The next few months saw changes to our area that I had never dreamed of. Growing up by the heart of America’s space program had always felt so romantic and patriotism-inspiring, but now it made us all feel we had a big red target on our homes. Government buildings facings the ocean were retrofitted with metal/concrete coverings for all of the windows to make the building spy and bomb proof. An I was interviewed more than once about our decision to stay open and how natural spaces made people feel safer, the impact of giving to 9/11 charities on giving to other nonprofits such as our zoo, and our own efforts to raise money to help animals displaced at zoos around the world as a result of the attacks and ensuing warfare.
I remember how the attitudes changed overnight about questioning any federal government actions – and those of us uncomfortable with certain choices felt great pressure to keep our mouths shut to avoid being labeled as unpatriotic traitors who “didn’t support our troops,” regardless of the fact our brothers and friends were among them and it was the decisions of our elected officials we questioned, not the heart and soul of our armed forces. I remember trying in vain to explain that to my father, still scarred from his experience returning from Vietnam and being spat at by protesters. We, at least I, supported our troops and had learned from that 1960’s history lesson.
I also remember trying to explain to a friend’s husband when he said, “We need to kill (or lock up) all the Muslims before they can kill us,” that one of our oldest friends from high school had immigrated from one of “those countries” and had been raised Muslim – and that talk like this just led to incredible acts of racism and hatred against Jim and anyone who looked like him.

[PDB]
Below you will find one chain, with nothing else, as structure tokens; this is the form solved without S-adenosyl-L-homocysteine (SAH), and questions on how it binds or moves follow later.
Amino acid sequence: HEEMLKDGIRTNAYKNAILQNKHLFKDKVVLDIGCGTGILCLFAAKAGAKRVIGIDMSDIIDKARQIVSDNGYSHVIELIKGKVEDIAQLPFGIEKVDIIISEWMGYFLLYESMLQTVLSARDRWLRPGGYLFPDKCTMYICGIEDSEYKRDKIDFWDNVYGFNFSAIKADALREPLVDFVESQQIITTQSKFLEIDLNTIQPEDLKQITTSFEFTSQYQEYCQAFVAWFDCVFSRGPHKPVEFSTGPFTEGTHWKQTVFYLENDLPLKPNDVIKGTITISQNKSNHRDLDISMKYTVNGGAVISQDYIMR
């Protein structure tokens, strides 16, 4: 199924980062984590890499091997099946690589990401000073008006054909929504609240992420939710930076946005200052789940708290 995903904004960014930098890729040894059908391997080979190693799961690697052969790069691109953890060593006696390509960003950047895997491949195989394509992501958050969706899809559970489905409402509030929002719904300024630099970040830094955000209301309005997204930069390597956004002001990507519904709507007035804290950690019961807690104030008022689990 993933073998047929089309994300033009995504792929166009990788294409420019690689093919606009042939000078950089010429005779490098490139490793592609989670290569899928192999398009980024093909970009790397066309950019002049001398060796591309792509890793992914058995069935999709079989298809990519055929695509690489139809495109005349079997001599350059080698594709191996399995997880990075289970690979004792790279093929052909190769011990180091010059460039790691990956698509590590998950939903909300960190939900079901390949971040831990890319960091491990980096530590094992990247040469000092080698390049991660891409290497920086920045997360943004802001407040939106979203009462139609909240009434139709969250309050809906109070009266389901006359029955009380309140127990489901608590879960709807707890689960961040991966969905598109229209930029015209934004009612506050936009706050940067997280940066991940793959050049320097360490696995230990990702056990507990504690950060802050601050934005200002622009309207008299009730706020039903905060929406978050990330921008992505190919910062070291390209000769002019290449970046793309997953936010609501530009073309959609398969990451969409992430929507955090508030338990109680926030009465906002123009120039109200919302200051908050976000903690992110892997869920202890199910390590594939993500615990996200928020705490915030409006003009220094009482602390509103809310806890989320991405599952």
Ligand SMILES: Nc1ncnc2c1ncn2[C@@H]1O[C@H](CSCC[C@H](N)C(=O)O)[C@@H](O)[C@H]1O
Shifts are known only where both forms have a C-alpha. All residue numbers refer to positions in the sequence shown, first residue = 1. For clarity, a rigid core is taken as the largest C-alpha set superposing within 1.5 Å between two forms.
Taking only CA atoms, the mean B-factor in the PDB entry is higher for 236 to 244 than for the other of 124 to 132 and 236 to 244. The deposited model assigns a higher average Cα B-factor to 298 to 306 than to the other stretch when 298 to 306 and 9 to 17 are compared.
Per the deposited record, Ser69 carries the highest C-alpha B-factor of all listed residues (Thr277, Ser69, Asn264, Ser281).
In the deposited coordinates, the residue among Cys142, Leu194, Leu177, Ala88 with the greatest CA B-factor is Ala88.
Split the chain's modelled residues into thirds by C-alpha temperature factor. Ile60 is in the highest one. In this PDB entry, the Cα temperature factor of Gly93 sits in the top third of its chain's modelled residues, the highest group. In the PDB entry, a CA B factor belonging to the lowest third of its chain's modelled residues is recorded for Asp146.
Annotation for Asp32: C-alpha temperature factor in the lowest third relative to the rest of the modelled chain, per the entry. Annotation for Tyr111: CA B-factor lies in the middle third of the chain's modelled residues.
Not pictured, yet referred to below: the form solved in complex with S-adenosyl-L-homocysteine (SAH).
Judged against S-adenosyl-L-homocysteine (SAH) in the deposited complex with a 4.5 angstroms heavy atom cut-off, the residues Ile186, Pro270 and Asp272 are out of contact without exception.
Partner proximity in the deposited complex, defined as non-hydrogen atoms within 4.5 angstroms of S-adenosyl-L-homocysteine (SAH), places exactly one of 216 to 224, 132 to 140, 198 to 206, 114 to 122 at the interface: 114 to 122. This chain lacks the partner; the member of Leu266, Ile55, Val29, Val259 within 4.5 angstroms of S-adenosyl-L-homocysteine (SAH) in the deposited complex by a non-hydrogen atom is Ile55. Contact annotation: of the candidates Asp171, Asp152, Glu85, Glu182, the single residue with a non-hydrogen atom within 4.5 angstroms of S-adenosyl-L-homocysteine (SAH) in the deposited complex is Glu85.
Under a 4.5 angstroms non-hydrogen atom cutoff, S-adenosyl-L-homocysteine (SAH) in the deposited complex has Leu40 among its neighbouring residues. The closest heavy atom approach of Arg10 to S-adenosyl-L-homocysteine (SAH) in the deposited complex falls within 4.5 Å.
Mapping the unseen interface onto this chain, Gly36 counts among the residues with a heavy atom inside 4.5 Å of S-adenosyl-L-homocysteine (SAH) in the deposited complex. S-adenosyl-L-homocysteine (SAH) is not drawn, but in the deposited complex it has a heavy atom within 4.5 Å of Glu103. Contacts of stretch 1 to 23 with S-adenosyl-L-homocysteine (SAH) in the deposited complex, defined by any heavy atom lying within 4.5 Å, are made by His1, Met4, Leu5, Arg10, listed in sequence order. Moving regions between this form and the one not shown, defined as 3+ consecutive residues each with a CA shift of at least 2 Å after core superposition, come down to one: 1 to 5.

But, on 9/11 and in the days after before the shock and saddness wore off and were replaced with something that felt like a national lynch mob of angry hysteria, we were all united in a way I had only experienced once before – after the Space Shuttle Challenger had exploded in front of my eyes, a few months after I moved to the Space Coast in the fifth grade. That tragedy had united the people of my community in saddness and determination to rebuild. It had frightened us and made us resolved to find safety and security again for our parents and neighbors, almost all of whom worked at, or were connected to, the space program. It could have shuttered the program, but the determination of the space workers didn’t let it. It had changed everything but we were united to conquer the fear of repeat and supportive of one another – knowing we had all been affected. That was the closest thing I had ever felt to the national unity after Sept. 11th – but it was nothing in comparison.
Eventually the military stopped the beach patrols and attendance and fundraising at the zoo returned to normal, and life returned to something akin to what it had been. But I know I am not alone in my dread every time I hear helicopters or jets fly overhead, nor am I alone in feeling like that day was the end of a simpler time when we all felt more secure in our confidence that we are protected and untouchable here in the U.S. from the types of tragedy we used to only see snippets of on the news reports from countries far away.